Much-hyped indie kids, Picture Parlour have today shared their second single, ‘Judgement Day’. ‘Judgement Day’ – produced by Catherine Marks of the boygenius’ ‘The Record’ – is the much-anticipated follow-up to the band’s stonking debut single ‘Norwegian Wood’.
Having already supported Bruce Springsteen, The Strokes and Noel Gallagher this year, Picture Parlour are currently on the road supporting equally buzzy new labelmates The Last Dinner Party and will play the second of two sold-out nights at EartH in London tonight.
Speaking about ‘Judgement Day’, which comes complete with a video directed by Em Cole, Picture Parlour’s Katherine Parlour says: “‘Judgement Day’ is a love letter. It’s being knocked off your feet by someone you never expected to meet and surrendering to that all consuming feeling. It’s a dramatic statement that at the end of time, on judgement day, you want to stand hand in hand with your lover.”
if you’re fans of ‘Tranquility Base’-era Arctic Monkeys, it’s highly likely that you will enjoy this track. There’s no getting away from frontwoman Katherine Parlour’s Alex Turner-isms but hey, there are a lot worse people to emulate!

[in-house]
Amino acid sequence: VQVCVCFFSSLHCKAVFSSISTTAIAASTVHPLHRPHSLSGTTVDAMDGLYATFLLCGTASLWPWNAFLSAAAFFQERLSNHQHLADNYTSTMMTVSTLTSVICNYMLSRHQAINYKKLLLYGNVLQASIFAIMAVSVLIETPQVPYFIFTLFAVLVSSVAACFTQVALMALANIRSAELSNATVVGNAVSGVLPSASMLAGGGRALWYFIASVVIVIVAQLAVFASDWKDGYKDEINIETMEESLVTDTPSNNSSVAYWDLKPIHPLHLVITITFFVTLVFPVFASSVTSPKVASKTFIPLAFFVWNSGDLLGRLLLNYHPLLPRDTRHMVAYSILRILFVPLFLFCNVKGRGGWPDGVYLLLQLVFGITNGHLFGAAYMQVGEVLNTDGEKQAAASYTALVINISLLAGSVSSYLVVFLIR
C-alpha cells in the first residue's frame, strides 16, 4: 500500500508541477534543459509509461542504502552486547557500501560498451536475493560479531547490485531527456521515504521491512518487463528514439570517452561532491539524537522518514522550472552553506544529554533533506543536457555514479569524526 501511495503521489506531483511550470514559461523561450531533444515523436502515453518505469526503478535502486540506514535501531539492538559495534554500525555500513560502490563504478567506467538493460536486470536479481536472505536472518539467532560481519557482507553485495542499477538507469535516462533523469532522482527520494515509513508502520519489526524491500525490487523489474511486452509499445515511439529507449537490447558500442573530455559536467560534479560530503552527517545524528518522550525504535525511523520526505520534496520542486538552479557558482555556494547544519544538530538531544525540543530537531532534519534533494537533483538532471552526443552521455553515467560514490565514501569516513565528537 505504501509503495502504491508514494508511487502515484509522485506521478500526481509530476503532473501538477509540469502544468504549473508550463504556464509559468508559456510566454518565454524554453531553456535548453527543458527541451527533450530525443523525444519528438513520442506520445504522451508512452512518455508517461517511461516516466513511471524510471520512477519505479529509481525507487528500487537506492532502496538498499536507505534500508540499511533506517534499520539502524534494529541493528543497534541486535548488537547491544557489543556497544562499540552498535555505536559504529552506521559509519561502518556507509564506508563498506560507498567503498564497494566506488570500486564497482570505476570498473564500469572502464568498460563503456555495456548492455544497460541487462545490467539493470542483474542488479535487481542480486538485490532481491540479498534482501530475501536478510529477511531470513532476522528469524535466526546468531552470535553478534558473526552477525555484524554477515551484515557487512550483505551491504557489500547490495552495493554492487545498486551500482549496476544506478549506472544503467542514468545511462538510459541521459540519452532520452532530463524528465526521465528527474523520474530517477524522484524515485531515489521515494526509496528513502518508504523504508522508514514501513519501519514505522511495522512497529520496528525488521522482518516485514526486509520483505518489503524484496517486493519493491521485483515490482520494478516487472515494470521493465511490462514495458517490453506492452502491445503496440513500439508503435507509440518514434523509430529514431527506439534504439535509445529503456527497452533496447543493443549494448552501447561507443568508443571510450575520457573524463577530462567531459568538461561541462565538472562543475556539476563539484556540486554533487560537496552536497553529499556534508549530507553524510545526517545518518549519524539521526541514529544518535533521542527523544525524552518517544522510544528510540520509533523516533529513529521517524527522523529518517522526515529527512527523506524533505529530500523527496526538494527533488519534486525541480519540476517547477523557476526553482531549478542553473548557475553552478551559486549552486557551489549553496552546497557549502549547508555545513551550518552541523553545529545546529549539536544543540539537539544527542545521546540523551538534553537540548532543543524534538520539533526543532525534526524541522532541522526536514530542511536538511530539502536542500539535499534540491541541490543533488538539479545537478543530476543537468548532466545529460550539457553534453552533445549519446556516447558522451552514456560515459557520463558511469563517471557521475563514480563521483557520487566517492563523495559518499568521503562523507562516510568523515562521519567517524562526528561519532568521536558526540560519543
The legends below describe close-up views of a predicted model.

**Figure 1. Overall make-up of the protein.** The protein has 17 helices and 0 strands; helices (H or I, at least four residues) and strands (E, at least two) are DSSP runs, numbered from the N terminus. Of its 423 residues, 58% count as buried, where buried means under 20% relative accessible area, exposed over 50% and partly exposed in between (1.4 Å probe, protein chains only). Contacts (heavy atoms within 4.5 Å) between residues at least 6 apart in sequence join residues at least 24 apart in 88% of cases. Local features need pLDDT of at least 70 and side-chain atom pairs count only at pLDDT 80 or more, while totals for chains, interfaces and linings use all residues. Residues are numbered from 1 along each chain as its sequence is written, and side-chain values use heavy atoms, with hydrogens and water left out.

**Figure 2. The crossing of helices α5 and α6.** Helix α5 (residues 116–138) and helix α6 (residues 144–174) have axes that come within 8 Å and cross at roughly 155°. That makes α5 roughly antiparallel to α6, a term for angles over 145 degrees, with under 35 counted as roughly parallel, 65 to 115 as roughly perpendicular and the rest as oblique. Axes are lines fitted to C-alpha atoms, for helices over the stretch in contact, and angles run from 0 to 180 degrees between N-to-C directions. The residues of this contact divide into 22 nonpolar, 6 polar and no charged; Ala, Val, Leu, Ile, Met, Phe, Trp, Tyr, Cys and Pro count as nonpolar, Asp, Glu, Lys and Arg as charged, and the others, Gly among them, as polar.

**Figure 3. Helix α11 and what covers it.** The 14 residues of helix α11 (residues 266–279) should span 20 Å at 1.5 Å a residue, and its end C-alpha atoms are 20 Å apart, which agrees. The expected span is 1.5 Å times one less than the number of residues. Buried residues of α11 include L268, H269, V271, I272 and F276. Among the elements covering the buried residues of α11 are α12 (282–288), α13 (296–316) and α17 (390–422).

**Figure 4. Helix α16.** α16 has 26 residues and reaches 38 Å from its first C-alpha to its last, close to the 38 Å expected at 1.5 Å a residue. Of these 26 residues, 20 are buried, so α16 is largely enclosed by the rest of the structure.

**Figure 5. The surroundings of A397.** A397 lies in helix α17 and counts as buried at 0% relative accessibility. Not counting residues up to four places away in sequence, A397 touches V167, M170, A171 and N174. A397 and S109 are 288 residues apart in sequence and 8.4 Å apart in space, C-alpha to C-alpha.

Picture Parlour will perform at SWN, London Calling, Mutations and Pitchfork festivals towards the end of this year, having already got their wellies wet this summer at Liverpool Sound City, NBHD Weekender, End of the Road and Reeperbahn. The band will also headline The Victoria in Dalston on 15 November for The Great Escape’s First 50 event.
Picture Parlour are comprised of Liverpudlian Katherine Parlour and Yorkshire-born guitarist Ella Risi. The pair began writing together during the pandemic, developing their own sound, and drawing inspiration from the likes of Patti Smith and Nick Cave to name but two. Since then, they have relocated to London and recruited bassist Sian Lynch and drummer Michael Nash.
The band drew criticism after they were featured on the cover of NME to coincide with the release of their debut single, with sceptics reigniting the old ‘industry plant’ debate. But at the time, The Forty-Five columnist, Jenessa Williams, questioned why it’s always female-led guitar bands that come under fire?